Worldwide the Olympics is a haven for sports. In 1988, a similar international multi-sport event for athletes with physical disabilities was officially conducted in Seoul as the Paralympics. The 2012 Olympics and Paralympics Games will be in London bringing together athletes and sports enthusiasts from all around the world for celebration. Each country when it gets the chance to host the Games assures to make it as festive, supportive, and spectacular for the sport world as they can. However, there is an irony in them accepting to do so with Dow Chemicals as one of their sponsors this year.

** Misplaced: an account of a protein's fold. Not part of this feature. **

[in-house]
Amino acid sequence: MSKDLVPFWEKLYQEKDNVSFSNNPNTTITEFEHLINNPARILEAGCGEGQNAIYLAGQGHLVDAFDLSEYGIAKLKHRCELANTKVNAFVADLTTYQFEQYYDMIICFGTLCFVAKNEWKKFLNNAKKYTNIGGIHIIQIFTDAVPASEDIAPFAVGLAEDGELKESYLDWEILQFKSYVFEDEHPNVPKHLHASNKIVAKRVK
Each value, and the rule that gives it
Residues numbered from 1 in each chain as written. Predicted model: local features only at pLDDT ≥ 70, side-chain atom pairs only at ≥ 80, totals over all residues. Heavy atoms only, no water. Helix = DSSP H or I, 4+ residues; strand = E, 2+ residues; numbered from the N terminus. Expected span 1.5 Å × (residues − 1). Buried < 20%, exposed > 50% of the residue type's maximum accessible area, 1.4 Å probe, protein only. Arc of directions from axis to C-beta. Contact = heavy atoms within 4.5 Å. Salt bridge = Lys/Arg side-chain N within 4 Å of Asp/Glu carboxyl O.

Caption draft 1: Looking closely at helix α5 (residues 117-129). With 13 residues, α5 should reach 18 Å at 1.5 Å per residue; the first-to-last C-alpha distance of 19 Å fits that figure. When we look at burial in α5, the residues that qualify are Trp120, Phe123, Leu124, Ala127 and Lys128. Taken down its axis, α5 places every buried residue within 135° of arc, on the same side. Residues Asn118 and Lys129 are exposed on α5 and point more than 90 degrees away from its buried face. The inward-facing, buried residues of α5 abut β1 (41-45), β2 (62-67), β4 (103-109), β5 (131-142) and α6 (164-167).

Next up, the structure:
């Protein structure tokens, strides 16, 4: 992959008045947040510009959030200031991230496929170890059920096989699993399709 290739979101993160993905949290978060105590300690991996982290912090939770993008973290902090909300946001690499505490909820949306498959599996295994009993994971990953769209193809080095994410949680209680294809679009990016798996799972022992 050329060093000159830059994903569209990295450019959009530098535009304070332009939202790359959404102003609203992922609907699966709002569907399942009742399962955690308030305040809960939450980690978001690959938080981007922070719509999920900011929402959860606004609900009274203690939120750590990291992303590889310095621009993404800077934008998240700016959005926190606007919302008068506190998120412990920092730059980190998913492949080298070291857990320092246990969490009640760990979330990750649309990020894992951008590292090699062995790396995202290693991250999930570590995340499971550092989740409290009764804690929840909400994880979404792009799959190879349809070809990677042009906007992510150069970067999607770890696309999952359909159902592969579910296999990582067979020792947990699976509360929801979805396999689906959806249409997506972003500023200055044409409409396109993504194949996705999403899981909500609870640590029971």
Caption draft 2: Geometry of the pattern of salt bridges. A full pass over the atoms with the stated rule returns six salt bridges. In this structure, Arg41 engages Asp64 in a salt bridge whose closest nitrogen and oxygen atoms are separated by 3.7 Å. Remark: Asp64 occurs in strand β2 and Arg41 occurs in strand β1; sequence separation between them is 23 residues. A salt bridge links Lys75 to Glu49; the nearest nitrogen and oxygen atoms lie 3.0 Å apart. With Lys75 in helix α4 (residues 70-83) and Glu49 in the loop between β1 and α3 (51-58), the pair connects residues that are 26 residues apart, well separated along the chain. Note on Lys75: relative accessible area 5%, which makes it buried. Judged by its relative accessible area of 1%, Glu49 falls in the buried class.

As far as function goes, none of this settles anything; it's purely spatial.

On the night of December 2nd, 1984, a Union Carbide plant [a subsidiary of Dow Chemicals] in Bhopal, India, began leaking 27 tons of the deadly gas methyl isocyanate. None of the six safety systems designed to contain such a leak were operational, allowing the gas to spread throughout the city of Bhopal. No one will ever know exactly how many thousands died that night. Carbide says 3,800. Municipal workers who picked up bodies with their own hands, loading them onto trucks for burial in mass graves or to be burned on mass pyres, reckon they shifted at least 15,000 bodies. Survivors, basing their estimates on the number of shrouds sold in the city, conservatively claim about 8000 died in the first week. Such body counts become meaningless when you know that the dying has never stopped. More than 120,000 people still suffer from ailments caused by the accident and the subsequent pollution at the plant site. The gas-affected people of Bhopal continue to succumb to injuries sustained during the disaster, dying at the rate of one each day (2010). Treatment protocols are hampered by the company’s continuing refusal to share information it holds on the toxic effects of MIC. Both Union Carbide and its owner Dow Chemical claim the data is a ‘trade secret,’ frustrating the efforts of doctors to treat gas-affected victims. The site itself has never been cleaned up, and a new generation is being poisoned by the chemicals that Union Carbide left behind.